By Stuart Rees
For centuries, men in and out of uniform have built their identities around violence, swagger and related abuses of power. The latest war rhetoric from Minister Dutton and chief bully boy of the Department of Home Affairs Mike Pezzullo display the continuation of centuries-old attitudes which have destroyed countries, produced countless refugees and slaughtered millions.
These men and their acolytes, such as former Defence Minister and purveyor of weapons of war Christopher Pyne, have always needed to justify their violence by finding an enemy. That enemy is no longer referred to as the yellow peril but simply as the newly armed and economically powerful China.
Foreign policy apparently needs someone to fear. Military and so-called defence interests need to bolster their case for more arms.
Australian politicians’ and bureaucrats’ war talk coincides with declarations of loyalty to the US. Confusion occurs. Fear mounts. So does the sense of fatalism – that nothing can be done – except to follow these leaders and, metaphorically at least, get into trenches.
A lot can be done. In dialogue with those defined as enemies, the philosophy, language and practice of non-violence display life-enhancing alternatives to conflict. There are diverse non-violent ways of exercising power without threatening, abusing, destroying or killing.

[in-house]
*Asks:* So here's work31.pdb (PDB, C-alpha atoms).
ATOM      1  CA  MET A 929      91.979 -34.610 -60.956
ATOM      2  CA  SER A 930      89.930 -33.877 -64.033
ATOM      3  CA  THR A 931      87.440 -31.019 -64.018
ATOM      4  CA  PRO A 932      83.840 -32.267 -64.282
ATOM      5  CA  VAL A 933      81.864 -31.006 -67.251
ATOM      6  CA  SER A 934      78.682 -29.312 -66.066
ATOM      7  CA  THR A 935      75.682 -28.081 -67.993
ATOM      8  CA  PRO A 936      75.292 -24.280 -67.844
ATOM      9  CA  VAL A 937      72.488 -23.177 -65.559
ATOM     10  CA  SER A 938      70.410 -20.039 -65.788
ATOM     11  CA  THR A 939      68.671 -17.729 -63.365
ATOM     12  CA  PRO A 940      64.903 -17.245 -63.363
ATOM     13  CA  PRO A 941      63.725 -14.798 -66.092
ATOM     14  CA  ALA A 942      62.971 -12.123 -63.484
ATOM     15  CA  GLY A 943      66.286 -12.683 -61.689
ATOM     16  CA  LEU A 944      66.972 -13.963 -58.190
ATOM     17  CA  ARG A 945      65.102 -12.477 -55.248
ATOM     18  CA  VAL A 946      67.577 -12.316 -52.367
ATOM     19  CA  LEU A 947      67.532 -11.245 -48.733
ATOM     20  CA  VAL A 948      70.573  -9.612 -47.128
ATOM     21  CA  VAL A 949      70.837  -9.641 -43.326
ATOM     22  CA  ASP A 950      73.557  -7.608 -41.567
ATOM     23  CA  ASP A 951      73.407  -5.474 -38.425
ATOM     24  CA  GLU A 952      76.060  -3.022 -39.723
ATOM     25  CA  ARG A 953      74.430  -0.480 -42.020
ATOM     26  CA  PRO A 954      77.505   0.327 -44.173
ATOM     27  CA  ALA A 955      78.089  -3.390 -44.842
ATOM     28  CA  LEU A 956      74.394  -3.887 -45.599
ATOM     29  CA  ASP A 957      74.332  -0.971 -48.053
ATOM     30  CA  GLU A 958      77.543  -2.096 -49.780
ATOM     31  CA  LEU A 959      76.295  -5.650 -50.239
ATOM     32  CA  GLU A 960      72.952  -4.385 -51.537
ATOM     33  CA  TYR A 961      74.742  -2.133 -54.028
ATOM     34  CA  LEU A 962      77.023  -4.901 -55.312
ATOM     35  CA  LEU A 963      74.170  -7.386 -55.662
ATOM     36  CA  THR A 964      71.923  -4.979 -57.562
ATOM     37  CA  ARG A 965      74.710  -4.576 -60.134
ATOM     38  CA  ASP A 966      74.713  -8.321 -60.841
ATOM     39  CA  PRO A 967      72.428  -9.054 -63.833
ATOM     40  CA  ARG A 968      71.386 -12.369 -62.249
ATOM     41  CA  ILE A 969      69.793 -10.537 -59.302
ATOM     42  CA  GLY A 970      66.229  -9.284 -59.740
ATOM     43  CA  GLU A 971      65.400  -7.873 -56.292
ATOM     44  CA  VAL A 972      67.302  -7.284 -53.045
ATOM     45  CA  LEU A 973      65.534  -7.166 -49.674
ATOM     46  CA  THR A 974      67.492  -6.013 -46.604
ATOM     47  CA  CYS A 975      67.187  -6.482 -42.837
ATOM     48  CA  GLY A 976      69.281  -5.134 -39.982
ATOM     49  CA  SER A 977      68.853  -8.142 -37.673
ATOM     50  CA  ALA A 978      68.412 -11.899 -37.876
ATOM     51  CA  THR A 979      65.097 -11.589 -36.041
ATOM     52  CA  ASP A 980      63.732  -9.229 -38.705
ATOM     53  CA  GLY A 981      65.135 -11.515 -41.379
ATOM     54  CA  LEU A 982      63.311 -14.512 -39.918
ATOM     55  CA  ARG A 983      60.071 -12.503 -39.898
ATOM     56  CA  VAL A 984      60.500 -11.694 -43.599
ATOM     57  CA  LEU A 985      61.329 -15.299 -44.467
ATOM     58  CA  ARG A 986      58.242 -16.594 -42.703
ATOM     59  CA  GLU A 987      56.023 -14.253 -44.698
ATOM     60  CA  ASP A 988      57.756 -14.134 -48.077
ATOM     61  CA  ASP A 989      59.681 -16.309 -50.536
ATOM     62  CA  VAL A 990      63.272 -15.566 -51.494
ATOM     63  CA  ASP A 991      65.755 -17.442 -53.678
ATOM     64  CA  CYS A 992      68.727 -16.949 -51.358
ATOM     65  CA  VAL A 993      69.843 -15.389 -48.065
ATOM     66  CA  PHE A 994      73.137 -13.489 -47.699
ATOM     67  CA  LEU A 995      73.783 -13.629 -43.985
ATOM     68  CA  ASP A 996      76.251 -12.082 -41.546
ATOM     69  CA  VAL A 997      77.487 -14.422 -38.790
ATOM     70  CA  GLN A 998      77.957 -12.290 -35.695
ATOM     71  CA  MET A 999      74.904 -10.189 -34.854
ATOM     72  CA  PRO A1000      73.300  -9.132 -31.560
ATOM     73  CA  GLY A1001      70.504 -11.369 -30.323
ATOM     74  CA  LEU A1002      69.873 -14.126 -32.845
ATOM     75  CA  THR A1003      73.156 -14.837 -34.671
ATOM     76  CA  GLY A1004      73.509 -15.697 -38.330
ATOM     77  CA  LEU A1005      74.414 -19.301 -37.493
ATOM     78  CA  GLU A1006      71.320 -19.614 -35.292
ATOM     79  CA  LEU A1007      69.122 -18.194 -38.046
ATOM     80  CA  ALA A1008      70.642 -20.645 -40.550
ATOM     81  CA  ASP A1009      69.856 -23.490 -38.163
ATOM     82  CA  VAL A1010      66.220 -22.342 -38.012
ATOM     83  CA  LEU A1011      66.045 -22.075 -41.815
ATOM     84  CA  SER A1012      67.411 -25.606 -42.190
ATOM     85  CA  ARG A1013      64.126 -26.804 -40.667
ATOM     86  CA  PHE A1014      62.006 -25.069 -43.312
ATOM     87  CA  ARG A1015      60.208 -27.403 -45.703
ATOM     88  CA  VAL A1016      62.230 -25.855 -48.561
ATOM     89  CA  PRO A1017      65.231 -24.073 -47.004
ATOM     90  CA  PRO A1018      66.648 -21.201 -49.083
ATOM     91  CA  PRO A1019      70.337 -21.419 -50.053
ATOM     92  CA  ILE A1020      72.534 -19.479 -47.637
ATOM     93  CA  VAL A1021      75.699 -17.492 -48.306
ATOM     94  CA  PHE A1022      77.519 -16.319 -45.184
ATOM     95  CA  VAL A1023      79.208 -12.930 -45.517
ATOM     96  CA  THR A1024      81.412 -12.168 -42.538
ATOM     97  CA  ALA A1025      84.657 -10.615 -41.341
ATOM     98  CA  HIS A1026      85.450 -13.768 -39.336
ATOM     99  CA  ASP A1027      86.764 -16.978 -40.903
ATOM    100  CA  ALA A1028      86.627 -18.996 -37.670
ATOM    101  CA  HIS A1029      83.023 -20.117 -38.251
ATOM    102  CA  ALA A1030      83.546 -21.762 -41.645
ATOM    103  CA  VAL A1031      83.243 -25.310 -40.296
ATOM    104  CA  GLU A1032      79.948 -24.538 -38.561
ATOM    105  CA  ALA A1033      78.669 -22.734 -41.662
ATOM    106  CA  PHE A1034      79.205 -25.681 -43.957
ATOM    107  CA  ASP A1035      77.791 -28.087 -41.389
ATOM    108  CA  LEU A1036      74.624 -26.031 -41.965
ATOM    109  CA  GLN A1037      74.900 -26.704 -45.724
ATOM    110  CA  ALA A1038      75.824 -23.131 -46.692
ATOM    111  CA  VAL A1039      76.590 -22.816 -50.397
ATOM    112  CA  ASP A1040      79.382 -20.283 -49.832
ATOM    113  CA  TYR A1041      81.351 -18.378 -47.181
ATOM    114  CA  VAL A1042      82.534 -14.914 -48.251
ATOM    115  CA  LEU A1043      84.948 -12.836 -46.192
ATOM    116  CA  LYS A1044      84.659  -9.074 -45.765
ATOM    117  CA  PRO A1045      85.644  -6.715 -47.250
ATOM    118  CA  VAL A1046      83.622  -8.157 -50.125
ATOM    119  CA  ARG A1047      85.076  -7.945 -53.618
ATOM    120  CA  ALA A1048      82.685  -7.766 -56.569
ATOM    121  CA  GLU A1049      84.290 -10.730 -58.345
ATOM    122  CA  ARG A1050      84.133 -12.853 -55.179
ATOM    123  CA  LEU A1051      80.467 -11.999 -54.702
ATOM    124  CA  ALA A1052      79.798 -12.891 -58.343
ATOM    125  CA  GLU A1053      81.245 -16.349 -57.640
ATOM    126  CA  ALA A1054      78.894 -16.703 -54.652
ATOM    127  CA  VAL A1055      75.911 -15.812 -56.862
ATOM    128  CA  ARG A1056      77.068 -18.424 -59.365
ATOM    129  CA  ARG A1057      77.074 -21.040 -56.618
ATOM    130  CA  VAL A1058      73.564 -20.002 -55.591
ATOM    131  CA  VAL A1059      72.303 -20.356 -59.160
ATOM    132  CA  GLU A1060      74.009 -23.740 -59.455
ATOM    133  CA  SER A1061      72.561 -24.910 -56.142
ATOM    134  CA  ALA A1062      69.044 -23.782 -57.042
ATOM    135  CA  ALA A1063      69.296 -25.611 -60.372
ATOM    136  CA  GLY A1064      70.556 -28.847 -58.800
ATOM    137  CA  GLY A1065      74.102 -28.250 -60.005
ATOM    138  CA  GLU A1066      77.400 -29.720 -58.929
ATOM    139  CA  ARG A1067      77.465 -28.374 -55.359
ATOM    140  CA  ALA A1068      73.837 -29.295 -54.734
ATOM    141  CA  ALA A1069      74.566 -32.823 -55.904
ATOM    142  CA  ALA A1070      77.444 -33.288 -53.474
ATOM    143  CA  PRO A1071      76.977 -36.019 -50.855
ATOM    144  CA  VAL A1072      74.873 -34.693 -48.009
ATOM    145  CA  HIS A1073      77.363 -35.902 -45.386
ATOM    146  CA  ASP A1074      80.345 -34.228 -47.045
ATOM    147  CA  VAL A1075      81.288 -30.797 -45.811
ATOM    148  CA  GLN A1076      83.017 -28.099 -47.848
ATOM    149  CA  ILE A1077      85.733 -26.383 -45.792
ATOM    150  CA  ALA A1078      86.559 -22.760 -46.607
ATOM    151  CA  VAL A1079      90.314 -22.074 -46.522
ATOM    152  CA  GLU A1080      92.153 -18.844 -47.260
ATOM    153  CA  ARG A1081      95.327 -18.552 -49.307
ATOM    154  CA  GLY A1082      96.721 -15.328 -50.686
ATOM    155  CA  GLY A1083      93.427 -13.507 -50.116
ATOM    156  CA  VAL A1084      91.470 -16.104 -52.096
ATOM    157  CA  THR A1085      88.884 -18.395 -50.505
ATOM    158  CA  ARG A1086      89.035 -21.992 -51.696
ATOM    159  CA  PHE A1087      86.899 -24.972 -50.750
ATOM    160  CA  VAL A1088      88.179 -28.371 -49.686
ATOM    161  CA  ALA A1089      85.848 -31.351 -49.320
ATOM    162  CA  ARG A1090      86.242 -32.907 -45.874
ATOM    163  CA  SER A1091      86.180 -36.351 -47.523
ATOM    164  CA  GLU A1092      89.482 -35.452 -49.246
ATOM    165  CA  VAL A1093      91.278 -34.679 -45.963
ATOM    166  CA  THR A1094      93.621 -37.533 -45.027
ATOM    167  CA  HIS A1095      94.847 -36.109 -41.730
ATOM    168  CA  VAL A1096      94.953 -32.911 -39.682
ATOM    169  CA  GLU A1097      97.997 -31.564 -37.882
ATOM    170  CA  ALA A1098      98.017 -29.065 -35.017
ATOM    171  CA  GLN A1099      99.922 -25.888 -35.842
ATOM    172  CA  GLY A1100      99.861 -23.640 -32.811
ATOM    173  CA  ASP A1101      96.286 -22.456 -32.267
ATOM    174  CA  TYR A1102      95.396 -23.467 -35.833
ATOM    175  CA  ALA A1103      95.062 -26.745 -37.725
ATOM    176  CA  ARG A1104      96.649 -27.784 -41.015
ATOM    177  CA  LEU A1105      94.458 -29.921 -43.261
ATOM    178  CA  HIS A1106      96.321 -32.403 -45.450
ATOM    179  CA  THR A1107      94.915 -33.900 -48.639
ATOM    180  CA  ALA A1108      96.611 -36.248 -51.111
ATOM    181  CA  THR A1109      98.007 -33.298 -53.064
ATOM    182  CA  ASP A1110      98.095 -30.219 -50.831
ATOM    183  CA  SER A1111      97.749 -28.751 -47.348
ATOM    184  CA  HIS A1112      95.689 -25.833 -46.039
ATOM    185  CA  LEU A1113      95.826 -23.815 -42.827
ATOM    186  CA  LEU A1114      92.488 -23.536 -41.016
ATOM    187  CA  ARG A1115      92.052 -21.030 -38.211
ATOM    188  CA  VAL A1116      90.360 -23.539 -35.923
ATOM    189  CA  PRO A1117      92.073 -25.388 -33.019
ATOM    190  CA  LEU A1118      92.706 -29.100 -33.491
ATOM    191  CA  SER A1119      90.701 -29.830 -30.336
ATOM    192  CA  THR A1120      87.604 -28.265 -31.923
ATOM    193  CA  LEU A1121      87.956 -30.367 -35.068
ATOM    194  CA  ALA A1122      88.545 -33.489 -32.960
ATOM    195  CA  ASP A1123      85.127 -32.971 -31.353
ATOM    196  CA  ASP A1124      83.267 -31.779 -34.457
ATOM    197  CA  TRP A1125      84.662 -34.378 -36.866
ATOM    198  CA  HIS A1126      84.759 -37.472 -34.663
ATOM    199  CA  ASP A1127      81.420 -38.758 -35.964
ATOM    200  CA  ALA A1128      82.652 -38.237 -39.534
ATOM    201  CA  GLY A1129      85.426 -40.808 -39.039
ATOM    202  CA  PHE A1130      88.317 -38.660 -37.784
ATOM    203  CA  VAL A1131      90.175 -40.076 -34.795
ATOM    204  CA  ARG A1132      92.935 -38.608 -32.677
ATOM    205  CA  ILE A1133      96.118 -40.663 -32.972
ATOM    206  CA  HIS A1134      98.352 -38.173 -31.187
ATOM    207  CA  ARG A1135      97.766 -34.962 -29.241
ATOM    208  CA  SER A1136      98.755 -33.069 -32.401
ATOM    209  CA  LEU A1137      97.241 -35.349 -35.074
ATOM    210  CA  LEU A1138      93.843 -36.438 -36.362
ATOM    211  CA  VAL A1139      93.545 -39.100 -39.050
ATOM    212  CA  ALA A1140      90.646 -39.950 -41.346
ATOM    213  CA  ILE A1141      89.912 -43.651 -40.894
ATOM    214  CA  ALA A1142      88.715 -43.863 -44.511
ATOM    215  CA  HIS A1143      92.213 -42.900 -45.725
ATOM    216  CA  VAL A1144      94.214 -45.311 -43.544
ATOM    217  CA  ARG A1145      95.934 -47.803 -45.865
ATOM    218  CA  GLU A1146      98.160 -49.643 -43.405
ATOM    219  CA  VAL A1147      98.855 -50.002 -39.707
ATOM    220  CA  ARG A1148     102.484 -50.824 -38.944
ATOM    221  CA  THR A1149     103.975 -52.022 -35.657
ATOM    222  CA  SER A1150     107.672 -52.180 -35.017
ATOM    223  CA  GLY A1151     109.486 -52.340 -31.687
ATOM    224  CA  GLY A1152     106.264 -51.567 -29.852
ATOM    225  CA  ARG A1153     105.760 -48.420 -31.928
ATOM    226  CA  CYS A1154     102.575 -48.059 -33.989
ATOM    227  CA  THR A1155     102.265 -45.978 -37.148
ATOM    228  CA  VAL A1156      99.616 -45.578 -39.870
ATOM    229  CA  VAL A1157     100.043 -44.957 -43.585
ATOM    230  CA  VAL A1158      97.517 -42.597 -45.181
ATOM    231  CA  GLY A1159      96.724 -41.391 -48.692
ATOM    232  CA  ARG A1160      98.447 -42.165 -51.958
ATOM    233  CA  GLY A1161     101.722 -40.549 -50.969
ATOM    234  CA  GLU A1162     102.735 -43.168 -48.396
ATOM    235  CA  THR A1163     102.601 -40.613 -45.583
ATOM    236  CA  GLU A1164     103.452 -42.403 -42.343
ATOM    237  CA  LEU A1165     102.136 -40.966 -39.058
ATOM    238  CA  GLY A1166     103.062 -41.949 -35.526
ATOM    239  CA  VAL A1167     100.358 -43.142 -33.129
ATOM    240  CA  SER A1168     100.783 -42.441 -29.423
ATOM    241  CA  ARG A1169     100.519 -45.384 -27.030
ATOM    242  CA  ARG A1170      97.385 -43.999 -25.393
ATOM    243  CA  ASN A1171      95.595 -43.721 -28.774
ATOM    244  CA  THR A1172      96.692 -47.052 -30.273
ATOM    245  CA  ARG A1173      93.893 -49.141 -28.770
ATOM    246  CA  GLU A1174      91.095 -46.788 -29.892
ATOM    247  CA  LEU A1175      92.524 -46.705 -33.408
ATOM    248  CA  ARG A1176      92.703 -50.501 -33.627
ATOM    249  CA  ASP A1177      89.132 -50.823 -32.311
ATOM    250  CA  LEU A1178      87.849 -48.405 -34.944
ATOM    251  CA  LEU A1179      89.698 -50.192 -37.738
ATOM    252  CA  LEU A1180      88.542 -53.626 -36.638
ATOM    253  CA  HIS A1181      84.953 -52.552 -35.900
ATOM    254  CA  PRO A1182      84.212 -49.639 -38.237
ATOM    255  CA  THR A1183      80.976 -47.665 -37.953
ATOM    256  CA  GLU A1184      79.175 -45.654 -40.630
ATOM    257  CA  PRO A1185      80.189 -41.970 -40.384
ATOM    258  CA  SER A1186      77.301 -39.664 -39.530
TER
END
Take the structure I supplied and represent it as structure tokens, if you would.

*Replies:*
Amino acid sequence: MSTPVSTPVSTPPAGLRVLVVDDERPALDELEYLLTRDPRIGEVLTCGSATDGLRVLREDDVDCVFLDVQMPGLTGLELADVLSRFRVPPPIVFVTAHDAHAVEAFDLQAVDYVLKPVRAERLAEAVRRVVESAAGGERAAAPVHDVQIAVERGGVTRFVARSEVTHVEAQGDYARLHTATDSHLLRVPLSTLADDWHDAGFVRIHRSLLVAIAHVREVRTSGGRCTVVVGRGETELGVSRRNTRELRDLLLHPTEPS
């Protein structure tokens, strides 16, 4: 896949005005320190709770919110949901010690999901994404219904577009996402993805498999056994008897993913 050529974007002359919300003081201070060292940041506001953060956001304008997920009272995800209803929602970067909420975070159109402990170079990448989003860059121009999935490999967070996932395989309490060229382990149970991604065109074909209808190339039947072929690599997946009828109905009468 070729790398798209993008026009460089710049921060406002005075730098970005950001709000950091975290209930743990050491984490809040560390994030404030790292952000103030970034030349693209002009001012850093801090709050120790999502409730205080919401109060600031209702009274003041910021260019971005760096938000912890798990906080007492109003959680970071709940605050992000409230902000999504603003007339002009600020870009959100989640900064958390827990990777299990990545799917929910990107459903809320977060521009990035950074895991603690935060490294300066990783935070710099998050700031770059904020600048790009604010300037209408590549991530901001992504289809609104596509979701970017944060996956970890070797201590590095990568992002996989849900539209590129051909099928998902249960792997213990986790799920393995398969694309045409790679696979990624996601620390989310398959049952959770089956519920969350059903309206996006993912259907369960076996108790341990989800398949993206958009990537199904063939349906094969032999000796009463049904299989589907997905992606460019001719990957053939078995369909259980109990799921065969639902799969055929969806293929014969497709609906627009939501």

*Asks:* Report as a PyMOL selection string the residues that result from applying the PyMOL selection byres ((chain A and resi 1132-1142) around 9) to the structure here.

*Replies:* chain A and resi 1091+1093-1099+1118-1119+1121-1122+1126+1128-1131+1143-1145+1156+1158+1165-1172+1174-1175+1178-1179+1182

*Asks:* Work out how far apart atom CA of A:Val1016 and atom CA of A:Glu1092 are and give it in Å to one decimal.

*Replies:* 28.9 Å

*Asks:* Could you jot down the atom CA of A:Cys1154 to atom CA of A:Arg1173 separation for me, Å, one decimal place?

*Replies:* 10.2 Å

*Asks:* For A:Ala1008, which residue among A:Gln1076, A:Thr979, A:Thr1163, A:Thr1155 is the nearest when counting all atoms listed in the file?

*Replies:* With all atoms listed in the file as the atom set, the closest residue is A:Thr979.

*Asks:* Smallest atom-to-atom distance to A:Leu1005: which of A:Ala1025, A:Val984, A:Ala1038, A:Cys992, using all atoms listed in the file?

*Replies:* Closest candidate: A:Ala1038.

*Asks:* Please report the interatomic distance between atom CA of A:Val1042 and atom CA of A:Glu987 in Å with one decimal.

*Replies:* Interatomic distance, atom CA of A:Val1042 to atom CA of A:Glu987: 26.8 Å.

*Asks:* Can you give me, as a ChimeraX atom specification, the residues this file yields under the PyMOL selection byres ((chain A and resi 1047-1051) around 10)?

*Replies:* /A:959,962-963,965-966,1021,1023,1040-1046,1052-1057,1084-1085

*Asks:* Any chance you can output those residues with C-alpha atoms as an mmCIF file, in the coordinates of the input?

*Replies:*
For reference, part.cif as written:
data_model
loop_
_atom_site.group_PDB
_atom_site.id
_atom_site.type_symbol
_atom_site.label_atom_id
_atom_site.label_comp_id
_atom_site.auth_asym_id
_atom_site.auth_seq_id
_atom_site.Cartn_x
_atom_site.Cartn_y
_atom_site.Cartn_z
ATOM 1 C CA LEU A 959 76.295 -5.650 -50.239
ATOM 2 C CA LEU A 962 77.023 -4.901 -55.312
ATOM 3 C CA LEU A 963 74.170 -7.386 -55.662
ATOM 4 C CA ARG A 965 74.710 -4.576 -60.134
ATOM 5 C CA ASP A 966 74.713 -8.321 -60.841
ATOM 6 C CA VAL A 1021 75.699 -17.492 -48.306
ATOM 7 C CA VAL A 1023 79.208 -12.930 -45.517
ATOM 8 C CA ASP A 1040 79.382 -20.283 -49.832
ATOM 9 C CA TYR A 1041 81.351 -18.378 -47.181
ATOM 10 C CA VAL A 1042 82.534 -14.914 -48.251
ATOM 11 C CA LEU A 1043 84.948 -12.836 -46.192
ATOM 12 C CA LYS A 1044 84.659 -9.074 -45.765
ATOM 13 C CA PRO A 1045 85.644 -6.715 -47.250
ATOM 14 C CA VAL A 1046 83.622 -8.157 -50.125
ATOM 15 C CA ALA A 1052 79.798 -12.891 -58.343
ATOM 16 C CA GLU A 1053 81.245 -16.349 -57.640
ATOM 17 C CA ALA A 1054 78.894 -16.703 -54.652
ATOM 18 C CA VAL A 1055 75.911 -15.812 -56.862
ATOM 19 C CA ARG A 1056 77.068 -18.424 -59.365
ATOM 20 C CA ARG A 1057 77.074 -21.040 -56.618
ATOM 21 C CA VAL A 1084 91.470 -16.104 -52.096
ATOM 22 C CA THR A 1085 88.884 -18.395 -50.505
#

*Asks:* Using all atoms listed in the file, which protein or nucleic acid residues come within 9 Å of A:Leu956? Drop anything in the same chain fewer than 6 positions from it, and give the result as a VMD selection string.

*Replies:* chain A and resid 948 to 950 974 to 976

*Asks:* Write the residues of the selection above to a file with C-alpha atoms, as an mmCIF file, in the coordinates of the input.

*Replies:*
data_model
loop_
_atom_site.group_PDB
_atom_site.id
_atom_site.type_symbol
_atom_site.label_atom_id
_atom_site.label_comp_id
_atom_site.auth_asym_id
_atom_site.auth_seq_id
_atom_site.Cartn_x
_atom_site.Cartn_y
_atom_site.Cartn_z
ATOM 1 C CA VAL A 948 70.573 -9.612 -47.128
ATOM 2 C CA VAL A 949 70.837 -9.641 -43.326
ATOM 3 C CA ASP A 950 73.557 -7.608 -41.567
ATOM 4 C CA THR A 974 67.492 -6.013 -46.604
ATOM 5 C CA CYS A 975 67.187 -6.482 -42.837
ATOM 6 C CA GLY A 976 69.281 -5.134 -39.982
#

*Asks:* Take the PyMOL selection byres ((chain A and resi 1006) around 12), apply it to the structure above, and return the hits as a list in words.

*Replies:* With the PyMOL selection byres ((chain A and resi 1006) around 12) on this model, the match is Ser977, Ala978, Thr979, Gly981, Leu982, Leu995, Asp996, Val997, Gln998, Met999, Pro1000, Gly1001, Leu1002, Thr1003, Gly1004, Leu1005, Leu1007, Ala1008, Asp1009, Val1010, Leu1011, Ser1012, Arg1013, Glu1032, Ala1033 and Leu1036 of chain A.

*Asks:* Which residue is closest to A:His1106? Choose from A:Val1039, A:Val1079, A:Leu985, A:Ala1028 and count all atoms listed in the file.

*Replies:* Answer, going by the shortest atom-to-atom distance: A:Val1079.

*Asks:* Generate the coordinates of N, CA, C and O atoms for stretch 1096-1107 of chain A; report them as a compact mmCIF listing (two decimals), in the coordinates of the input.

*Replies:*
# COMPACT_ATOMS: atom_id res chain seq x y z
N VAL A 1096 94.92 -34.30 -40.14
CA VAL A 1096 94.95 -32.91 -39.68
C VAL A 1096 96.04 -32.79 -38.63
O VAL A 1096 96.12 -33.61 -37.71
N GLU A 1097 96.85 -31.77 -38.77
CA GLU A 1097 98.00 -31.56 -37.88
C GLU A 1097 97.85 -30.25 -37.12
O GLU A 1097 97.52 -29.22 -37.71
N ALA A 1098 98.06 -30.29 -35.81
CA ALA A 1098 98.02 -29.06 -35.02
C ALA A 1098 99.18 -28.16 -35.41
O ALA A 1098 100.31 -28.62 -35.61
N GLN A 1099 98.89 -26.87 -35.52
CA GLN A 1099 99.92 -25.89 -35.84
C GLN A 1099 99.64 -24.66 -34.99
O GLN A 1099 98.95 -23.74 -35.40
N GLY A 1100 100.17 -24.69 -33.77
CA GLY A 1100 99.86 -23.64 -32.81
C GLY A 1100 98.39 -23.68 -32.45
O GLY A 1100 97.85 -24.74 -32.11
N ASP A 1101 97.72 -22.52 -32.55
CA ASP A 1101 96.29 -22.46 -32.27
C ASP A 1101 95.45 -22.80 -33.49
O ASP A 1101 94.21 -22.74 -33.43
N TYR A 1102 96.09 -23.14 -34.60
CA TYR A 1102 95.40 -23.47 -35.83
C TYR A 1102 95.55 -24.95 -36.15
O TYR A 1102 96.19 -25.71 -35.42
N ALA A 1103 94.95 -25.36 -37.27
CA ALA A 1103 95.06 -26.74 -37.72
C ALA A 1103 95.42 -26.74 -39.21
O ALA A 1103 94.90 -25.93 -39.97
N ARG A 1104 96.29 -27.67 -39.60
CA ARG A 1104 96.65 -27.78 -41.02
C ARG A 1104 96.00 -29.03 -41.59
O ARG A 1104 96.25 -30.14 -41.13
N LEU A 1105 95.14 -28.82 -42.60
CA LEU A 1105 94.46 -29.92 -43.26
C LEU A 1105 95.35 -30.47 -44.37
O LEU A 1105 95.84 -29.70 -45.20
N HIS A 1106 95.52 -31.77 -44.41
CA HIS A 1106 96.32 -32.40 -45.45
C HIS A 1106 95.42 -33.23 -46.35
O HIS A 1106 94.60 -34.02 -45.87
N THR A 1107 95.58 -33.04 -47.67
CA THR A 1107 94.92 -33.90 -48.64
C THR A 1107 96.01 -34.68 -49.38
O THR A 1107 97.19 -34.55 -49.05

Practised in government departments, in diplomatic relations or in the rarefied atmosphere of international relations, this non-abusive exercise of power offers the much-needed alternative to the Dutton, Pezzullo, Morrison, Pyne swagger. That alternative should also be offered as a sort of peace laxative to media outlets enthusiastic about beating Australian chests and confronting China.
The title words ‘peace with justice’ presuppose goals to achieve a quality of life based on respect for universal human rights and are crucial to arguments about alternatives to war. Dialogue with the US, with China and India, with the UK, with all nations of SE Asia, can be peppered with accounts of the end of poverty and homelessness, with ways to build international alliances to deal with climate change, to combat Covid and subsequent epidemics.
Those tasks are urgent. Those goals are aimed at providing security so different from the too easily accepted notion that security comes only by deterrence through force of arms.
As an antidote to the war talk, let us hear about peace with justice, expressed through enthusiasm for non-violence and shown in numerous, rewarding non-destructive ways of exercising power.
Stuart Rees OAM is Professor Emeritus, University of Sydney, recipient of the Jerusalem (Akl Quds) Peace Prize and author of the new book “Cruelty or Humanity”. A human rights activist, poet, novelist, and Founder Director of the Sydney Peace Foundation.
Feature image: Dove of Peace and Guns Sculpture: Photo credit: Nikolay Bondarenko/Shutterstock.com